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News | June 11, 2018

JTF-CS conducts air load training at Fort Lee

By Mass Communications Specialist 3rd Class Michael Redd, JTF-CS Public Affairs Joint Task Force Civil Support

Joint Task Force Civil Support (JTF-CS) members practiced loading and unloading command vehicles onto a modified Boeing C-17 Globemaster III during a two-day air load training exercise at Fort Lee, Va. in late May.

“This exercise is a great opportunity for JTF-CS members to learn what it’s like to drive vehicles on and off of a C-17,” says Army Col. Andrea McCollum, director of Logistics and Engineering. “If we get called to respond to a catastrophic event, this training helps ensure that we are ready and capable of deploying safely and efficiently.”

The exercise was led by the command’s Joint Movement Cell, a section within the Movement and Transportation Division. The purpose was to provide an opportunity to learn the correct procedures for loading vehicles onto a C-17 and securing them for air movement. This helped build driver confidence and overall teamwork.

McCollum, her Deputy Director Tim Collins, and the rest of the division have been planning this exercise for several months. The exercise is ideally held two to three times a year, says Collins.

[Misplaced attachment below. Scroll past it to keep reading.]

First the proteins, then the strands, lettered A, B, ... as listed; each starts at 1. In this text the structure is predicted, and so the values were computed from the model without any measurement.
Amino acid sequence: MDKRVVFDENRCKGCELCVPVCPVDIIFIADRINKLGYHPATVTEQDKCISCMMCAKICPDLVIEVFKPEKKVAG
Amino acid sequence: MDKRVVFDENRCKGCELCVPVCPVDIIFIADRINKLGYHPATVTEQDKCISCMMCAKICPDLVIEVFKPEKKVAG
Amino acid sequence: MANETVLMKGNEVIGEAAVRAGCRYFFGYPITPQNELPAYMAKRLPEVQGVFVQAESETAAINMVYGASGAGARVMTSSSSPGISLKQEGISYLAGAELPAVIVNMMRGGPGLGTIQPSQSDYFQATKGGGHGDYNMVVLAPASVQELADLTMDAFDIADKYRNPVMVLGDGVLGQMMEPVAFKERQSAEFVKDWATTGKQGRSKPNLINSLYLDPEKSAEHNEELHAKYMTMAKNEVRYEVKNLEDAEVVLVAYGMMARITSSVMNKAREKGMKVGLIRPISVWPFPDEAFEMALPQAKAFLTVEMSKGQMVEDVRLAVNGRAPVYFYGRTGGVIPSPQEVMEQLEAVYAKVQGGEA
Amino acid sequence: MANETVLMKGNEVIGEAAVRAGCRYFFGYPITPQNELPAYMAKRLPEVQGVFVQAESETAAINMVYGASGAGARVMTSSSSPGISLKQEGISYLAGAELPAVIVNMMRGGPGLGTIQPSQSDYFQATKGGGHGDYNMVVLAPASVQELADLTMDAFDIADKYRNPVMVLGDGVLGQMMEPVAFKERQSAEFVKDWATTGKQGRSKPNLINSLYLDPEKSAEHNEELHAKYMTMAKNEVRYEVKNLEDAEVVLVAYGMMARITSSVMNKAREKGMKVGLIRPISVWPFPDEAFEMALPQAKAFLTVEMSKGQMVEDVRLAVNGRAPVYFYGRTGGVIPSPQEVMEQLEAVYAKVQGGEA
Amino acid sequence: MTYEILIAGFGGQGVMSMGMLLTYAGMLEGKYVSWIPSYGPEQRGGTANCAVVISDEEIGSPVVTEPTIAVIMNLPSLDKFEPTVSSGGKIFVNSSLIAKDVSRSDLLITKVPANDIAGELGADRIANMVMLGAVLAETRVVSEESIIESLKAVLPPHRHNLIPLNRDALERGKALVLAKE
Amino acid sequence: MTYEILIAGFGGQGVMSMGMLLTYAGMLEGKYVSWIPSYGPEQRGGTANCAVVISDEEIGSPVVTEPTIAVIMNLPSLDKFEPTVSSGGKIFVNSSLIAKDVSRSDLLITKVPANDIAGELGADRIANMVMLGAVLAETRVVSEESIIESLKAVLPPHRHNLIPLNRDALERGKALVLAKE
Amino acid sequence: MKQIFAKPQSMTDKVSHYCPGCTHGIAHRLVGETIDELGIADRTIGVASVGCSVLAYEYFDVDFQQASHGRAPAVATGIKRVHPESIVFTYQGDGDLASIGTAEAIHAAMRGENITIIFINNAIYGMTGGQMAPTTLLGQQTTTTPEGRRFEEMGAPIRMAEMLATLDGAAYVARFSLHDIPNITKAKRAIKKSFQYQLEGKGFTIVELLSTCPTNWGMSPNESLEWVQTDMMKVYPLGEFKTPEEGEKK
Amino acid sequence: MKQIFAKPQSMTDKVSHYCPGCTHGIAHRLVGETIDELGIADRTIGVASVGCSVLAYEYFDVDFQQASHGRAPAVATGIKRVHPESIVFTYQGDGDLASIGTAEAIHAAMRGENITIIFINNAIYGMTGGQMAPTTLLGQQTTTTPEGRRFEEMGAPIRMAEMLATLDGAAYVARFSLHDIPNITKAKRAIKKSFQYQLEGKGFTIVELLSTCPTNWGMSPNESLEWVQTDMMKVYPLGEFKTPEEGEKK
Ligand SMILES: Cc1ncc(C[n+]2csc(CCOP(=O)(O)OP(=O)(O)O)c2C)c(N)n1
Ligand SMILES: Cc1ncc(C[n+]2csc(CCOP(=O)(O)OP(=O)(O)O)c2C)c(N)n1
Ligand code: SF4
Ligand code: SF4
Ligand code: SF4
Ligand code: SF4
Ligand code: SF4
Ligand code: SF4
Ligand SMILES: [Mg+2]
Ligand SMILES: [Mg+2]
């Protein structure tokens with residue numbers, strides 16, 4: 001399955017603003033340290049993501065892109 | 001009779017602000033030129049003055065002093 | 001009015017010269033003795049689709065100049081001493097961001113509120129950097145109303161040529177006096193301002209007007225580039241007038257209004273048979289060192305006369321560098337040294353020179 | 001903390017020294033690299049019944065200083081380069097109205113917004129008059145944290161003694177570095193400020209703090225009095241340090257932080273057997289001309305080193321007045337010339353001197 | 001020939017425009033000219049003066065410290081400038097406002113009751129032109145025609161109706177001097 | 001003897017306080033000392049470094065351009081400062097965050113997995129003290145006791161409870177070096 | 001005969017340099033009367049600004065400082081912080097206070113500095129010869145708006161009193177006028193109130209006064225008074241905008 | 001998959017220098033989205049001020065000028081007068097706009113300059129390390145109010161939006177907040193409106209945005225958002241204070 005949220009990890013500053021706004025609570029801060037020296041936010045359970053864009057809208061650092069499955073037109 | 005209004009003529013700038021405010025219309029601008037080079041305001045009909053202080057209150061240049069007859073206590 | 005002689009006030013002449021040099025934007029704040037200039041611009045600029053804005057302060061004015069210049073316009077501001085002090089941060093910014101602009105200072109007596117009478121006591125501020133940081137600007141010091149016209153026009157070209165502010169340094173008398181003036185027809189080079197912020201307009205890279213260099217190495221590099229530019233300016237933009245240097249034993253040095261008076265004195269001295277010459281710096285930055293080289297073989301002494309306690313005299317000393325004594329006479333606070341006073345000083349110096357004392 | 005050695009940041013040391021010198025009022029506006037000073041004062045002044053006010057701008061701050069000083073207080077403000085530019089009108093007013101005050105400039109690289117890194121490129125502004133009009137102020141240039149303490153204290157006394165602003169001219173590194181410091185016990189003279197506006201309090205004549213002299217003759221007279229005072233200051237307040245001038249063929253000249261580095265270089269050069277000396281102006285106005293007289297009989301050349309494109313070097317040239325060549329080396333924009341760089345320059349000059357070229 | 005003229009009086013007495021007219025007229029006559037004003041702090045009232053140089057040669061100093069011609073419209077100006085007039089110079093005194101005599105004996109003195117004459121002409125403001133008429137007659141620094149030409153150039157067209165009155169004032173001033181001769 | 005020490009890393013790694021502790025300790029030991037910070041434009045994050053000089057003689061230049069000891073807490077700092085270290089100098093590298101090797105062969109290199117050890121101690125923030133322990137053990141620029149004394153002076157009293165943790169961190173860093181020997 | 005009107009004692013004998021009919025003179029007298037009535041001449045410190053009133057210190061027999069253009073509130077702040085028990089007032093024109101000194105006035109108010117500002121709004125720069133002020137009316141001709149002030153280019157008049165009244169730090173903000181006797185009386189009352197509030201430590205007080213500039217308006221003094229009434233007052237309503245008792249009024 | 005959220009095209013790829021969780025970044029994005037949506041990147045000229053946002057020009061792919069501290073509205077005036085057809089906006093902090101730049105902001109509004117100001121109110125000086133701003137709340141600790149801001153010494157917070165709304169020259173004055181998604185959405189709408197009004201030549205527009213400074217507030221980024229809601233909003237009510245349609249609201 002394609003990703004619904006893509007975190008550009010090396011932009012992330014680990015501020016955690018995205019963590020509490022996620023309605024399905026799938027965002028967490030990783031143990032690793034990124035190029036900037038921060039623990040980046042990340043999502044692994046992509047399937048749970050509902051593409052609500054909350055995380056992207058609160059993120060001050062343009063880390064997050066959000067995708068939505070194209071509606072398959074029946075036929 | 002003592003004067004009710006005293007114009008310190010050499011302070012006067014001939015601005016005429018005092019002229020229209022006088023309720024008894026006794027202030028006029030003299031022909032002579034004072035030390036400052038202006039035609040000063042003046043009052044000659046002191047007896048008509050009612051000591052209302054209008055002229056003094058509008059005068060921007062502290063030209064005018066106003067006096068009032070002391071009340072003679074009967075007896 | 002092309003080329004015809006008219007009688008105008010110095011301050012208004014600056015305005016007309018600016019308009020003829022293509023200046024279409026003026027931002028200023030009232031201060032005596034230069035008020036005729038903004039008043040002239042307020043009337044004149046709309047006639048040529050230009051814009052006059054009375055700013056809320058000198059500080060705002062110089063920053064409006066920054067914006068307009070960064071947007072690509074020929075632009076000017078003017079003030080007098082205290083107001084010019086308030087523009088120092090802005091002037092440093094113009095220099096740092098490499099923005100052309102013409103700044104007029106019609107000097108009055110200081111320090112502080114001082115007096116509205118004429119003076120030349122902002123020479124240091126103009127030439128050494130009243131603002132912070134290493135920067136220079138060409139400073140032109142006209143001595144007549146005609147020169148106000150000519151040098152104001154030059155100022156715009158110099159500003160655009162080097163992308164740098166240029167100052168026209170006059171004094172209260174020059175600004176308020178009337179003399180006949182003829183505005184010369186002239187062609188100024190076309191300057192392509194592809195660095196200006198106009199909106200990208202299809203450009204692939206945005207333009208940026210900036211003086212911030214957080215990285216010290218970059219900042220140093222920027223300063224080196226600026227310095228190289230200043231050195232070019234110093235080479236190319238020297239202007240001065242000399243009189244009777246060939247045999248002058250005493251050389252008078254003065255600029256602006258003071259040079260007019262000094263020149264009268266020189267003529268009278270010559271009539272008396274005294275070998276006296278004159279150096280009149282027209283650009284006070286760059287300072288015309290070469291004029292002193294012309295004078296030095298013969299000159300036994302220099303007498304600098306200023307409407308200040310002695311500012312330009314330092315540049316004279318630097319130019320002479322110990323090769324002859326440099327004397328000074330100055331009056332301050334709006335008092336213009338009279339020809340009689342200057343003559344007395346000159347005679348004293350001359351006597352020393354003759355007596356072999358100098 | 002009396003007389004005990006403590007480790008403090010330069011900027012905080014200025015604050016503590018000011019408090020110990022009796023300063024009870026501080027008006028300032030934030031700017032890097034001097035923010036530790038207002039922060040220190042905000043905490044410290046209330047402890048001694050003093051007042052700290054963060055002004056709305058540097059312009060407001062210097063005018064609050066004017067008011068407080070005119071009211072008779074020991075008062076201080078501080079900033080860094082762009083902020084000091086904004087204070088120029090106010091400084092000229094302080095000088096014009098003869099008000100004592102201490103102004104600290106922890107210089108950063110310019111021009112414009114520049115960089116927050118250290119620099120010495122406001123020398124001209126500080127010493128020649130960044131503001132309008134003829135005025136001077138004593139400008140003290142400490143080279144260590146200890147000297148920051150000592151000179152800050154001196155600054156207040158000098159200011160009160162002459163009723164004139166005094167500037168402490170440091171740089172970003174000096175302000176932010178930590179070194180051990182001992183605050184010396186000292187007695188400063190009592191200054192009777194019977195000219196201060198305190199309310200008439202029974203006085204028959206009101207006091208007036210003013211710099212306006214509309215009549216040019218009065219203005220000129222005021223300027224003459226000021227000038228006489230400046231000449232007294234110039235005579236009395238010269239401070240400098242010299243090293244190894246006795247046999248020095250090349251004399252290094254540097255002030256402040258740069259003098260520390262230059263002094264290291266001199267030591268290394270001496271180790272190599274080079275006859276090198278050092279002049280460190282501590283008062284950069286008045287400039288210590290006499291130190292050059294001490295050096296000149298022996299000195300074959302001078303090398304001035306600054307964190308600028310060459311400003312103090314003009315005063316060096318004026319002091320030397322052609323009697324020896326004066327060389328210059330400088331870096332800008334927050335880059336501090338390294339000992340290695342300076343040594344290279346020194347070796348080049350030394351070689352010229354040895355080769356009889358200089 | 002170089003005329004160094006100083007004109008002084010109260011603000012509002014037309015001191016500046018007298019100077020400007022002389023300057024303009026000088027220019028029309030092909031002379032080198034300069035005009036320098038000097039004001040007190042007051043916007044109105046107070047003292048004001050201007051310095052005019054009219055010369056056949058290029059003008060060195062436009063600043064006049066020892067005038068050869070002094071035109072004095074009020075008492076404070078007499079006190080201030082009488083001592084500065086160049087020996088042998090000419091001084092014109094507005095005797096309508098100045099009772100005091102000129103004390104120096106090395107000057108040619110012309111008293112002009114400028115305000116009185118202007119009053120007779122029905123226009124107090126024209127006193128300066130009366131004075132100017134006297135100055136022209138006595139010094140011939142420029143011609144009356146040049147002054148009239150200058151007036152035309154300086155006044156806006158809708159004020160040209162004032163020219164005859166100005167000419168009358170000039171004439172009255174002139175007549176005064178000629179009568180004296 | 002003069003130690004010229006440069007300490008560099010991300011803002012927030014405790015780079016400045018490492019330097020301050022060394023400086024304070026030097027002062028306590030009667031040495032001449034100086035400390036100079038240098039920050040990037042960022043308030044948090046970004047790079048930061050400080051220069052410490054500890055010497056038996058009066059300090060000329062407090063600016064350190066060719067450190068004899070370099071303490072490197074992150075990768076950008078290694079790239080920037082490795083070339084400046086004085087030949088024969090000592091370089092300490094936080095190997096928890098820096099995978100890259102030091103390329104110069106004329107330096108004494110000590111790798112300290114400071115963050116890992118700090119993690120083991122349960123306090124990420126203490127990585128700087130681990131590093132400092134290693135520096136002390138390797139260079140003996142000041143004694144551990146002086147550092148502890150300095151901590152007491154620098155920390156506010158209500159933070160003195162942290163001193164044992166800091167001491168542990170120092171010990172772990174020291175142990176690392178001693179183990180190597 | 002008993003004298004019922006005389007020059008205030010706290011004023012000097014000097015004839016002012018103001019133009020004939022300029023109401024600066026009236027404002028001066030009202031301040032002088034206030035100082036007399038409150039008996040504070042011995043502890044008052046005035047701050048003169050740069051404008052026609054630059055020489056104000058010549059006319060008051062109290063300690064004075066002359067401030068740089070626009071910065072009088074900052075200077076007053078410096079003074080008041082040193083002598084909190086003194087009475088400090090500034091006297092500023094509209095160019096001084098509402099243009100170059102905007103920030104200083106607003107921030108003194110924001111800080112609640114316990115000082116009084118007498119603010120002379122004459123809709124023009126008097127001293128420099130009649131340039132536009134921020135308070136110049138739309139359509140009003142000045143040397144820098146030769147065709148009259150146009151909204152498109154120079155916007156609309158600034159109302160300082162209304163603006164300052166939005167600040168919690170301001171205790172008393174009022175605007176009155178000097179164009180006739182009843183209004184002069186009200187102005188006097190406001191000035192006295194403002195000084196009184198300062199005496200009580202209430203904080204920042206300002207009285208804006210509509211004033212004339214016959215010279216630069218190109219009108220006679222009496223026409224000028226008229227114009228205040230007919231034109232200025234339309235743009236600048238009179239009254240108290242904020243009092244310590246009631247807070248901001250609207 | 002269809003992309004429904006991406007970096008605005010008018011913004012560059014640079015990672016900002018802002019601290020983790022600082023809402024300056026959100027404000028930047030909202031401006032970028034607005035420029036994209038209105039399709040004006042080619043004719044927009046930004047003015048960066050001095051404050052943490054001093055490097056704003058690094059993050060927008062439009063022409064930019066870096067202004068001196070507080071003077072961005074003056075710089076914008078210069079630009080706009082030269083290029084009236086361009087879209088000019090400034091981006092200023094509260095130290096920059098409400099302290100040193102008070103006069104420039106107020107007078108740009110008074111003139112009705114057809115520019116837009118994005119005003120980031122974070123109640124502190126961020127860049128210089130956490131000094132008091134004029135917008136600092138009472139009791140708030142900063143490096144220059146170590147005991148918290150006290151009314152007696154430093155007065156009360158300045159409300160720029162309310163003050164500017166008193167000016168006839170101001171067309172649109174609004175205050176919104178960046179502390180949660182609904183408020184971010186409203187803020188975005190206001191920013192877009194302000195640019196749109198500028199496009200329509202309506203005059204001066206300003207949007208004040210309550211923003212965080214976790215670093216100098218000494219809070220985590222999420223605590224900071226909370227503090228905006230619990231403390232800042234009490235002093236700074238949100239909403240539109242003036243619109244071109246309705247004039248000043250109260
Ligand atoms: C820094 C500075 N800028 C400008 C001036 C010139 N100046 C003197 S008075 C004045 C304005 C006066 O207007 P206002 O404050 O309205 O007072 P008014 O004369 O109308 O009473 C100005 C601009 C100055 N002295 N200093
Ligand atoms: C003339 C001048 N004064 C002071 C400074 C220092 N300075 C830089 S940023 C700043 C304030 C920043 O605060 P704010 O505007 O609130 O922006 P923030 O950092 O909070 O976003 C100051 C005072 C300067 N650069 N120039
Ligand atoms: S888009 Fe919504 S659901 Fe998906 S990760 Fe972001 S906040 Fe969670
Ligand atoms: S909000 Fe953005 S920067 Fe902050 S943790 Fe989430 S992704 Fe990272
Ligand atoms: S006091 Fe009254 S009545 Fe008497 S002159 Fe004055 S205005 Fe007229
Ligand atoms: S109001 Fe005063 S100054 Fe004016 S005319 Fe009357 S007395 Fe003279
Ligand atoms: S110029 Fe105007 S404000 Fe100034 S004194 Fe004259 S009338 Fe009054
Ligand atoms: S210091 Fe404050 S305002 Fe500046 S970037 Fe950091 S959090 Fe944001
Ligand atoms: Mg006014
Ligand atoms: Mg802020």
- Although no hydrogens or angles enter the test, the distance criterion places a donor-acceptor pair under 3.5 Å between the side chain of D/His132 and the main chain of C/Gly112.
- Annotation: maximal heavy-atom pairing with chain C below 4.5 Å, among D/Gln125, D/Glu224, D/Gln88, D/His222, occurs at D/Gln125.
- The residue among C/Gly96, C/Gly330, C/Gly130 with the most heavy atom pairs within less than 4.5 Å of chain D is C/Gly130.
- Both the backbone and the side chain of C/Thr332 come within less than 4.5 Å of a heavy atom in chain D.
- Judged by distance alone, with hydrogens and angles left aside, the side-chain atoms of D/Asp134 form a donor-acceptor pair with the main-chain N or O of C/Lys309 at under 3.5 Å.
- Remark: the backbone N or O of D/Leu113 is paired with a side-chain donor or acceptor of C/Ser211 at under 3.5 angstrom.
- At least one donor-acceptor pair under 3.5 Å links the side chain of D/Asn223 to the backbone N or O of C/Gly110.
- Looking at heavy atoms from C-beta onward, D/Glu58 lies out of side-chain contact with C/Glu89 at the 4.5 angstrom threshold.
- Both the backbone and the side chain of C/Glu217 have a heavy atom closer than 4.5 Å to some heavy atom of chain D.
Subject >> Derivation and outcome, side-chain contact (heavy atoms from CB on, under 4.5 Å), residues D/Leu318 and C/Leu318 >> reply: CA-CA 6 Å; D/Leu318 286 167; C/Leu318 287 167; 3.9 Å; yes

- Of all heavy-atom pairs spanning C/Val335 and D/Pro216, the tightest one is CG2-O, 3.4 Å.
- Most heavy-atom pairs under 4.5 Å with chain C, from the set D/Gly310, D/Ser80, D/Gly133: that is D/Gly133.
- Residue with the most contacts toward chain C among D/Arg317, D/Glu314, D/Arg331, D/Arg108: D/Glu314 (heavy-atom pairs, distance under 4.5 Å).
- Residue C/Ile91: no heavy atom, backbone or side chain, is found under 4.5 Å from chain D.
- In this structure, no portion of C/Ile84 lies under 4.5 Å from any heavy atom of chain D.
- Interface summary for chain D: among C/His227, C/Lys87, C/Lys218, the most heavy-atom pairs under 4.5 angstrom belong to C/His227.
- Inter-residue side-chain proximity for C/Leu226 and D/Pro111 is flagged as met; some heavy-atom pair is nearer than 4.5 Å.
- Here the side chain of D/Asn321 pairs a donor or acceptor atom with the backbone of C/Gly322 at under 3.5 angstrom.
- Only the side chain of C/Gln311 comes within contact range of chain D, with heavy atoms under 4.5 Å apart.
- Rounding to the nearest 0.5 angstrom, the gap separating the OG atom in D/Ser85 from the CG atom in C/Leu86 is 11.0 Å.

“This exercise is usually held at the aircraft mock-up located on Fort Eustis,” says Collins. “However, Fort Lee has the ideal equipment needed for this exercise, as well as the space available to conduct it. The difference between the two facilities is the mock-up at Fort Lee is an actual C-17 fuselage with the chains and binders needed for tie-down training.  So, it is much more realistic and combines convoy training simulating movement to the aerial port of embarkation.  We aren’t sure whether this is a permanent change, but it will help command members feel confident when loading onto a C-17.”

JTF-CS must always be ready and capable to deploy at a moment’s notice to conduct its mission of saving lives, preventing further injury, and providing critical support to enable community recovery.